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Public healthJan 13, 2021

Healthcare workers praised for taking part in long-term national Covid-19 immunity study

Being infected with Covid-19 appears to offer people protection from further infection for several months, a Public Health England (PHE) study suggests.

The finding comes with an important caveat, however: those with immunity could still carry the virus in their noses and throats, meaning they could potentially pass it on.

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The public are reminded by PHE to stay at home to reduce transmission rates

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In the PHE study, more than 20,000 healthcare workers in 102 trusts in various parts of the UK have been tested for new Covid-19 infections since last June. The tests also check the presence of antibodies (which suggest people have been infected before).

At this stage of its evolution, the Siren (SARS-CoV-2 Immunity and Reinfection EvaluatioN) study offers no evidence on antibody or other immune responses linked to Covid-19 vaccines. The Siren study will consider vaccine responses later this year, PHE noted.

But those running the study have concluded that immunity acquired naturally as a result of past infections provides an 83 per cent protection rate against reinfection, in comparison to people who have never had the disease.

Immunity appears to last for at least five months

This protection apparently lasts for at least five months from when the person first becomes sick. This means that people who contracted Covid-19 in the first wave may now be vulnerable to catching it again, and only time – and more research – will reveal whether protection could extend beyond the five-month period.

During a period from 18 June to 24 November 2020, scientists detected 44 potential reinfections (two labelled ‘probable’ and 42 ‘possible’) out of a total of 6,614 participants who had tested positive for antibodies. This equates to an 83 per cent rate of protection from reinfection.

PHE also warned that although having antibodies offers some protection from becoming ill with Covid-19, early evidence from the next stage of the study suggests that some of those to whom this applies carry high levels of virus, which they could continue to transmit to others.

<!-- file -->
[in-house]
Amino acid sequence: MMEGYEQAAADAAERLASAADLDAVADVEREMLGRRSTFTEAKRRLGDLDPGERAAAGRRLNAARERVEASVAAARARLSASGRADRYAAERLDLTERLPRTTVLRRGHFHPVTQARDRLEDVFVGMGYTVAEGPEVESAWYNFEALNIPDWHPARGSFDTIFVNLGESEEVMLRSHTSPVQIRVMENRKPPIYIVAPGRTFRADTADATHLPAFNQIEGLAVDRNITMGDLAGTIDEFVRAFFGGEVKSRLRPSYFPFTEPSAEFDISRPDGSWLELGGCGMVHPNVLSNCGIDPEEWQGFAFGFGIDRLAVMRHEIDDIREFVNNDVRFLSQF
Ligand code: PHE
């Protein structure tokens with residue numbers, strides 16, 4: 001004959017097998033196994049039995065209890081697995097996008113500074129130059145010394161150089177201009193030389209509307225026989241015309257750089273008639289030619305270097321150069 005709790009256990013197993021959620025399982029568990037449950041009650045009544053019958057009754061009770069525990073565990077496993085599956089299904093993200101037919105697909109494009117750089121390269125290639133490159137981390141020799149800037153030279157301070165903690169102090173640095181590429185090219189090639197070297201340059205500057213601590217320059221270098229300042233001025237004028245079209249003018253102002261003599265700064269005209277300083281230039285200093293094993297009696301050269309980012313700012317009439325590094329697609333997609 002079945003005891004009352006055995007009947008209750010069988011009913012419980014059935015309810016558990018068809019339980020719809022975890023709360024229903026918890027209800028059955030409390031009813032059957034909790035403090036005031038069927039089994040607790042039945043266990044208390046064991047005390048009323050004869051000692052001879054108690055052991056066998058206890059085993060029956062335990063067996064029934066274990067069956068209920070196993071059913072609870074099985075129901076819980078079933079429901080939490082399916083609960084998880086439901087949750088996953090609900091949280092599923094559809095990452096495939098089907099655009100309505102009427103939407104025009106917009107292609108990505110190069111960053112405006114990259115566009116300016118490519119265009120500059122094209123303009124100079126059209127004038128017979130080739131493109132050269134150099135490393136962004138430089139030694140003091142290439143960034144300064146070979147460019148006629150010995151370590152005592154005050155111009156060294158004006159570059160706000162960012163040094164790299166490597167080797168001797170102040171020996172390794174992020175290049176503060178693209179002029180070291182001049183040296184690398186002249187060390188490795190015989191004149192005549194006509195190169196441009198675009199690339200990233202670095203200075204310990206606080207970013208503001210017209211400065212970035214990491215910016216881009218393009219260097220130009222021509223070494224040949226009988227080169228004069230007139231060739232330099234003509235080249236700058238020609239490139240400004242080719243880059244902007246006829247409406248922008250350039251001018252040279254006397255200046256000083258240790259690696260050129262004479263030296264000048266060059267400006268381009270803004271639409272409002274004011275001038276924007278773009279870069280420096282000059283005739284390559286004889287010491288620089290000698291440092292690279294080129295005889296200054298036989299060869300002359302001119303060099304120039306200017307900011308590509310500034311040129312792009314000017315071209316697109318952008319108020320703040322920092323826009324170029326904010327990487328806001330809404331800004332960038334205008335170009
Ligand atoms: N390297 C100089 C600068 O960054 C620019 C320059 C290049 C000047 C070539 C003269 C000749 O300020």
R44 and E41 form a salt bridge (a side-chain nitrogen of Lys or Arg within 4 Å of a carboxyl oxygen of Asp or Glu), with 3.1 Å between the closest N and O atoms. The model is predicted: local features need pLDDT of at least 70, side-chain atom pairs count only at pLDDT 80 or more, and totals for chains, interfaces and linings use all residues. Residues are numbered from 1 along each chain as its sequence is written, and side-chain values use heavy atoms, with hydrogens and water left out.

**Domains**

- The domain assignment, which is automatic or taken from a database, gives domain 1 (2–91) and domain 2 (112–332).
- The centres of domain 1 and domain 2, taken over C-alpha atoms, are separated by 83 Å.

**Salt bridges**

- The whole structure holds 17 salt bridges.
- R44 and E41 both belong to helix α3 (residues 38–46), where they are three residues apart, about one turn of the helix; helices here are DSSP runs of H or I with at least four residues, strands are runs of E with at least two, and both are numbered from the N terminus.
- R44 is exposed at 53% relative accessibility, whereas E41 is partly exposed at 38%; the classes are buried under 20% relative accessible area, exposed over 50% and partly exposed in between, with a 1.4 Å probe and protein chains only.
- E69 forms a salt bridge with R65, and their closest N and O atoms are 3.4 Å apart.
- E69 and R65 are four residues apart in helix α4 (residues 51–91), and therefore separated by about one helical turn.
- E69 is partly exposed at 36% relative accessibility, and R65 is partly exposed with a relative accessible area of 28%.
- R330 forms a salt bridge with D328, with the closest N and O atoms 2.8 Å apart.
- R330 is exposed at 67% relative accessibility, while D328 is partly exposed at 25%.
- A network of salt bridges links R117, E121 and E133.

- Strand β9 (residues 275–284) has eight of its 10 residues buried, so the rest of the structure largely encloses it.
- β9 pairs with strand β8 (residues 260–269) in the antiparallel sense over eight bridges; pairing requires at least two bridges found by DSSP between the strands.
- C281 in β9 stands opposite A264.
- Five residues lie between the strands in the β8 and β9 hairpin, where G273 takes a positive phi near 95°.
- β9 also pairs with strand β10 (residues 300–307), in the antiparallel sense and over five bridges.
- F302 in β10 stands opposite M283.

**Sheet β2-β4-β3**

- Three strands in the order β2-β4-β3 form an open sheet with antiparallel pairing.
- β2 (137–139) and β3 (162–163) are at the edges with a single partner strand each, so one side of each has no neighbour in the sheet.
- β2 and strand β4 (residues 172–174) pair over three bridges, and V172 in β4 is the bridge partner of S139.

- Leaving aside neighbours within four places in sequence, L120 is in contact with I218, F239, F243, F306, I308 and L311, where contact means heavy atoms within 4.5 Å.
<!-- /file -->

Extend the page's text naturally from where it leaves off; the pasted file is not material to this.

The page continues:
In a message to the general public, PHE stressed that everyone should continue to follow the rules and stay at home, even if they have previously had Covid-19, to prevent spreading it.

Praise for participating in study

We are immensely grateful to our colleagues in the NHS for giving up their time to volunteer, and whose continued participation at a time of great stress is making this research possible [Susan Hopkins, PHE]

Susan Hopkins, a PHE senior medical adviser who is leading the SIREN study, praised the NHS staff who contributed to the study: ‘We are immensely grateful to our colleagues in the NHS for giving up their time to volunteer, and whose continued participation at a time of great stress is making this research possible.’

Professor Hopkins added: ‘We now know that most of those who have had the virus, and developed antibodies, are protected from reinfection, but this is not total, and we do not yet know how long protection lasts. Crucially, we believe people may still be able to pass the virus on.

‘This means even if you believe you already had the disease and are protected, you can be reassured it is highly unlikely you will develop severe infections but there is still a risk that you could acquire an infection and transmit to others.’

To access a full version of the interim findings, visit: file:///Users/ian/Downloads/SIREN%20Interim%20analysis%20paper%20(1).pdf


Author: Ian A McMillan
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